Breeding is related to summer rainfall, occurring less frequently during times of drought. Young are born mostly in the wet season. The young remain in the pouch for 8 to 9 months and then stay in the burrow for an unknown period of time, while their mother goes out to feed. Weaning occurs at about 12 months of age, but the young will remain with their mother until 18 months of age.


Threatening Processes

Competition with cattle and sheep, particularly during droughts appears to have been the main factor contributing to the species' decline. Cattle have been removed from Epping Forest National Park, so grazing pressure from livestock is no longer considered a threat. Current threatening processes are: loss of genetic diversity; small population size; predation by dingoes; being restricted to one location; disease and parasites affecting the health of the animals; wildfire and drought destroying food sources; and competition for food from grey kangaroos Macropus giganteus, especially during droughts.


What's being done?

The breeding status, health and population structure of the wombats is being monitored. The habitat is being managed through pasture manipulation, and by the provision of supplementary feed and water. In addition, the fire breaks around the park are maintained, dingoes are excluded from the Park following the construction of a dingo-proof fence in 2002, and the population density of kangaroos monitored at least twice a year.

A captive colony of southern hairy-nosed wombats has been established in Rockhampton to develop assisted breeding and husbandry techniques that can be applied to the northern hairy-nosed wombat. These techniques may include pouch young cross-fostering (transfer of northern hairy-nosed wombat pouch young to southern hairy-nosed wombat pouches), hand-raising of pouch young, semen collection, sperm sexing (to address the sex ratio imbalance), artificial insemination and embryo transfer.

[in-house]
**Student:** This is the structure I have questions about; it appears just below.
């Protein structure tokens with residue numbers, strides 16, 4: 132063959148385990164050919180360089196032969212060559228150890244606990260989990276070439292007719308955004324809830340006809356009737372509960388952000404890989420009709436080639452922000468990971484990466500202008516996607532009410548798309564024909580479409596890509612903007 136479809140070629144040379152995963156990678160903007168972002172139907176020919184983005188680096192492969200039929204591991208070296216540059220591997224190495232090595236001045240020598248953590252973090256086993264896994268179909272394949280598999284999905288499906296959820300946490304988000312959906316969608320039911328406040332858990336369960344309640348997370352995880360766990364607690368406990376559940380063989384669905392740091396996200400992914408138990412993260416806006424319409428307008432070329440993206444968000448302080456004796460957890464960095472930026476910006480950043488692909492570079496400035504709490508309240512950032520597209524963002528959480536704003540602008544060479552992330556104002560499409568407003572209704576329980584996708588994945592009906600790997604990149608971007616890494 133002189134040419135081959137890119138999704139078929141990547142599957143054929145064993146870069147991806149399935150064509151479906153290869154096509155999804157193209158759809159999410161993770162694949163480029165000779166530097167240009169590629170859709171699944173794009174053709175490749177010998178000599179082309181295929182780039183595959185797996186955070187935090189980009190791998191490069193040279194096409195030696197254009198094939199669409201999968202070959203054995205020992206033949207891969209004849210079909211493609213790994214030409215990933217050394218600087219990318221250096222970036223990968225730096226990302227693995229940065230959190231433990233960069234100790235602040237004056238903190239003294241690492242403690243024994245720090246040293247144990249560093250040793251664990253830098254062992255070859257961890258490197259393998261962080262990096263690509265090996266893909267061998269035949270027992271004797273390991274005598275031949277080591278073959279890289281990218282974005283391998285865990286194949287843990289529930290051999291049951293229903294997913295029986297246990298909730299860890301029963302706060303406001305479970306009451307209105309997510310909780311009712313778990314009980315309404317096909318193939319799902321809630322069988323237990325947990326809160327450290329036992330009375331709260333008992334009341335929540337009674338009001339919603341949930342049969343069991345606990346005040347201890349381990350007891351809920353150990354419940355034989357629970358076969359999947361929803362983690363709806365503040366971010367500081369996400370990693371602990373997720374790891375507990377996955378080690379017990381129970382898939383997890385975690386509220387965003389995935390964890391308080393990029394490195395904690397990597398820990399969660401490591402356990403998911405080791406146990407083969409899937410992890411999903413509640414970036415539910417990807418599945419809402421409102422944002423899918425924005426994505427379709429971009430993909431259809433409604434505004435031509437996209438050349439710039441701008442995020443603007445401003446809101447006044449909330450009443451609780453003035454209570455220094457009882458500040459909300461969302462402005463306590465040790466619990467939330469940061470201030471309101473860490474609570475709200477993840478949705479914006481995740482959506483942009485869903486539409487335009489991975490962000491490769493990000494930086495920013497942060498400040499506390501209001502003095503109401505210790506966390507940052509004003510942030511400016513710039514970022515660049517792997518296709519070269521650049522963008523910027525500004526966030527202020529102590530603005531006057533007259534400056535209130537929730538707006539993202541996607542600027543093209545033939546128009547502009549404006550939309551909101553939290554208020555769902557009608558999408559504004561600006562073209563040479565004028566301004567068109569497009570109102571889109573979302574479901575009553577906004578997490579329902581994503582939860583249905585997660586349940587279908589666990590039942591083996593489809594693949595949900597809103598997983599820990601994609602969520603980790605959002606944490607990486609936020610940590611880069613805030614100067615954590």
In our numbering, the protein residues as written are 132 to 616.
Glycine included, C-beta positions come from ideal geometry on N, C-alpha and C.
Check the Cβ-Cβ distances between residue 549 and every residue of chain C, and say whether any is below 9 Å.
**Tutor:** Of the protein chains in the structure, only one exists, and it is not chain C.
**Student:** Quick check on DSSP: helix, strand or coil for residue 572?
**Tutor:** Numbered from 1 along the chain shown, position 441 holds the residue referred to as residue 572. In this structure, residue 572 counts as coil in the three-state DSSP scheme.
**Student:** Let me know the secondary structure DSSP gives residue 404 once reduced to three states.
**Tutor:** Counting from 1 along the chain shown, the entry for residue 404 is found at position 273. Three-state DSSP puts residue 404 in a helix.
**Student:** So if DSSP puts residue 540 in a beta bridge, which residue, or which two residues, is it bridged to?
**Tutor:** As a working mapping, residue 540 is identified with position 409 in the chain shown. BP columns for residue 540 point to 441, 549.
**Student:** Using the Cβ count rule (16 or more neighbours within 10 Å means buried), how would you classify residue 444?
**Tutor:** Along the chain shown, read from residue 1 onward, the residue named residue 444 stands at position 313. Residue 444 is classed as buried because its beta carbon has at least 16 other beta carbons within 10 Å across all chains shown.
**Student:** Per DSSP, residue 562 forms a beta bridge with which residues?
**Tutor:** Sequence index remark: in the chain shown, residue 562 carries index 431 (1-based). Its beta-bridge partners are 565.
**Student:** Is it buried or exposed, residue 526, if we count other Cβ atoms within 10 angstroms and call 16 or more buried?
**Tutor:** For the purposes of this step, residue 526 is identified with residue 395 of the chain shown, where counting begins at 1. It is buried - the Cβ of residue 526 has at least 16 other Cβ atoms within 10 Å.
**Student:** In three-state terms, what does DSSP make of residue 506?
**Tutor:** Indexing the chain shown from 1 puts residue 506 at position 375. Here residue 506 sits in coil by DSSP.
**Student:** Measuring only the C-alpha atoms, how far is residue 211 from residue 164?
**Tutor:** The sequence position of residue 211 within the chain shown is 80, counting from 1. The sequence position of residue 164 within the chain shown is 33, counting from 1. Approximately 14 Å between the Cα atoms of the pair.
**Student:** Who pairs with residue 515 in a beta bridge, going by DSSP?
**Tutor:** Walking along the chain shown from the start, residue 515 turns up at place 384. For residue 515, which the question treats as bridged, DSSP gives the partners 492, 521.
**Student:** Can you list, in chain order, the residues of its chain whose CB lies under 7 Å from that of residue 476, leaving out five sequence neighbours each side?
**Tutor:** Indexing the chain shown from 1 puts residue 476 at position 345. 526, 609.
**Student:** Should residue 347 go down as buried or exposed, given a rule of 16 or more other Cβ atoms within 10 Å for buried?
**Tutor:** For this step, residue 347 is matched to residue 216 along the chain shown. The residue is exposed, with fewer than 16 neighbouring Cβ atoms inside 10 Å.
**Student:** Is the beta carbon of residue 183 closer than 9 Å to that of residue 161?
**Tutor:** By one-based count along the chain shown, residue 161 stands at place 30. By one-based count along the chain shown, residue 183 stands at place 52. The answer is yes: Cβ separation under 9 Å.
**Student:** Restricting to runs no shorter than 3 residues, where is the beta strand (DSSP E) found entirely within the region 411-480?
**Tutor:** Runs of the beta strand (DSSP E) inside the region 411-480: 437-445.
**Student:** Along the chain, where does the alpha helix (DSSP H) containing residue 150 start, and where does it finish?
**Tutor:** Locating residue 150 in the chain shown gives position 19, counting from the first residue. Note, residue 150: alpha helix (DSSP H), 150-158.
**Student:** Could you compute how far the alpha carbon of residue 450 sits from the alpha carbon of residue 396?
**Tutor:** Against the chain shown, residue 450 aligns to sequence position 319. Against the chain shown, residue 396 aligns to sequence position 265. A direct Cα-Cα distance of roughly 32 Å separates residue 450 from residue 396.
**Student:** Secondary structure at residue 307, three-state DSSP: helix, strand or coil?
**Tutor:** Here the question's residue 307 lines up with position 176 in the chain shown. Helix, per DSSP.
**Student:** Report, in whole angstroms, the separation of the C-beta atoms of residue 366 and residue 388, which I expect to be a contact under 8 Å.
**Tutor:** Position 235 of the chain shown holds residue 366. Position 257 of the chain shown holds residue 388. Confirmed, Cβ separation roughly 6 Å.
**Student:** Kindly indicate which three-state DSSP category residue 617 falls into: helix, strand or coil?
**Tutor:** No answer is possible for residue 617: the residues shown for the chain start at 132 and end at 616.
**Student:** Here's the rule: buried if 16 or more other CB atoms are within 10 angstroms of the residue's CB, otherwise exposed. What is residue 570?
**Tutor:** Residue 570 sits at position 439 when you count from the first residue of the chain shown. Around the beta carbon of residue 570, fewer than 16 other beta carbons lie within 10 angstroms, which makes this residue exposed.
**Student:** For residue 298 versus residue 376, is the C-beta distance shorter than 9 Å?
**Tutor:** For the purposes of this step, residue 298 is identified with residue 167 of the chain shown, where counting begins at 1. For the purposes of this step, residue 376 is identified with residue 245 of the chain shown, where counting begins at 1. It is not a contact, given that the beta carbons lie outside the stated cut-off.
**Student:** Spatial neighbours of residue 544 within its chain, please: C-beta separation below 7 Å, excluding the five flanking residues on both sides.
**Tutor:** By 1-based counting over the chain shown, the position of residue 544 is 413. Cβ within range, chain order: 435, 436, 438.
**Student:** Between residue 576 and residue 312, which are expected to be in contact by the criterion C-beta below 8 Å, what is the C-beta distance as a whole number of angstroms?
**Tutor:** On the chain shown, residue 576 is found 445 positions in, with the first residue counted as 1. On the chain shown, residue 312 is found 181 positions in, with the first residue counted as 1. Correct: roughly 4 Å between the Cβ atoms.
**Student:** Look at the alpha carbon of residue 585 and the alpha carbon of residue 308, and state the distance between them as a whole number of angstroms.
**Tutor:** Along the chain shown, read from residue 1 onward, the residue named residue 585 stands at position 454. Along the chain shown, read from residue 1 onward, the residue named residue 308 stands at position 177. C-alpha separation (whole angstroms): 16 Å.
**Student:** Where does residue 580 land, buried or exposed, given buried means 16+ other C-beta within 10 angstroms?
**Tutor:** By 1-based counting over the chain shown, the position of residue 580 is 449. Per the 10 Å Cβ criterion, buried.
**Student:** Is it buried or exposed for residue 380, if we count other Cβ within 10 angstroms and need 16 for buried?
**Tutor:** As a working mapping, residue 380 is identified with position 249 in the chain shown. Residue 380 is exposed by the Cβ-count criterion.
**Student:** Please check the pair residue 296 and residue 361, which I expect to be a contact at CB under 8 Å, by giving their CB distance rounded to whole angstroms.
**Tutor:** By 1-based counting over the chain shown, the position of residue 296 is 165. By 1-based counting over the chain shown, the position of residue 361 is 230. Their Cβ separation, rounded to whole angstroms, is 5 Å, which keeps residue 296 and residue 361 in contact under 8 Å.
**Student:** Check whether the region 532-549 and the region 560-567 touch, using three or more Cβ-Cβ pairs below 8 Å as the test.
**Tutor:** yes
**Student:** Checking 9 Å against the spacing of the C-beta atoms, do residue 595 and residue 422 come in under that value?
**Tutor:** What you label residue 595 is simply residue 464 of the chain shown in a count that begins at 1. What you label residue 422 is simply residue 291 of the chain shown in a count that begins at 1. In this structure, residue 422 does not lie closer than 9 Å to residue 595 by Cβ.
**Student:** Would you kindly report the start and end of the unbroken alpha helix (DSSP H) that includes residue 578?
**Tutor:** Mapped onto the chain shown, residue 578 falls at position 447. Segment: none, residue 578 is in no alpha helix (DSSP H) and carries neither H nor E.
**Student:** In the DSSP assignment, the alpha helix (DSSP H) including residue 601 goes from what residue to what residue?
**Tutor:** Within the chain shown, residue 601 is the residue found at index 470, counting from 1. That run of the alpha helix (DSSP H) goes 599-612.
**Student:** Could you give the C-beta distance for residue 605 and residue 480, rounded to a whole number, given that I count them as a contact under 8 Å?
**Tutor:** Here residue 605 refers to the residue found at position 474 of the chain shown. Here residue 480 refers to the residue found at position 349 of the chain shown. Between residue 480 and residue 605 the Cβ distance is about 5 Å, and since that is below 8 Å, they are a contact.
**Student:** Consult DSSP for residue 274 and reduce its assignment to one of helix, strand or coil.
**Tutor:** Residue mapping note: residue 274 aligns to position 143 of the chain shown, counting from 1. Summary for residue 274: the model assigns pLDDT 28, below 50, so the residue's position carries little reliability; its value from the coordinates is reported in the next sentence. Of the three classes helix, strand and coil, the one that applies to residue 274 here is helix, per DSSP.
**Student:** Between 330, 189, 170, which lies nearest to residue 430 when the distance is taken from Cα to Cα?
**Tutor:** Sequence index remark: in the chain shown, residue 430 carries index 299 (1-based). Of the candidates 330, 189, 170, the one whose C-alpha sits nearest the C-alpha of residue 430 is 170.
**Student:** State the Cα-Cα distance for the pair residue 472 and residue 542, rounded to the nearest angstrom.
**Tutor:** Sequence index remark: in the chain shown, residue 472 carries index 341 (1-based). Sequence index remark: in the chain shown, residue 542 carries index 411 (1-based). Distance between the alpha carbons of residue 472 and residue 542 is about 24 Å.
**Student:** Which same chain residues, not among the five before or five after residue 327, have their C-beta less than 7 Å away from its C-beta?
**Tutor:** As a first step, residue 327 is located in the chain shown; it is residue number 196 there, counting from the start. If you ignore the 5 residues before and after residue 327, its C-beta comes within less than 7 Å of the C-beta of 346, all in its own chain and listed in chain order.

When the population of northern hairy-nosed wombats increases, a second wild population will be established.


Where can I see them?

Sorry, access to Epping Forest National Park is restricted to the wombat managers and researchers to minimize disturbance to the wombats. There are no northern hairy-nosed wombats in captivity, but in Queensland, you can view common and southern hairy-nosed wombats at several zoos including Rockhampton Zoo, Billabong Sanctuary (Townsville), Australia Zoo (Sunshine Coast), Fleays Fauna Sanctuary and Currumbin Sanctuary (both Gold Coast).

For further information on the northern hairy-nosed wombat:

Alan Horsup
Queensland Parks and Wildlife Service
PO Box 3130
Rockhampton Shopping Fair Queensland 4701
Phone (07) 4936 0549
Email: alan.horsup@epa.qld.gov.au


Help the northern hairy-nosed wombat by making a donation to:

Wombat Survival Fund
Queensland Parks and Wildlife Service
PO Box 3130
Rockhampton Shopping Fair Queensland 4701
Email: wombat@epa.qld.gov.au



Northern Hairy Nosed Wombat Page

The Wombat Recovery Plan

Email me at luvwombats@yahoo.com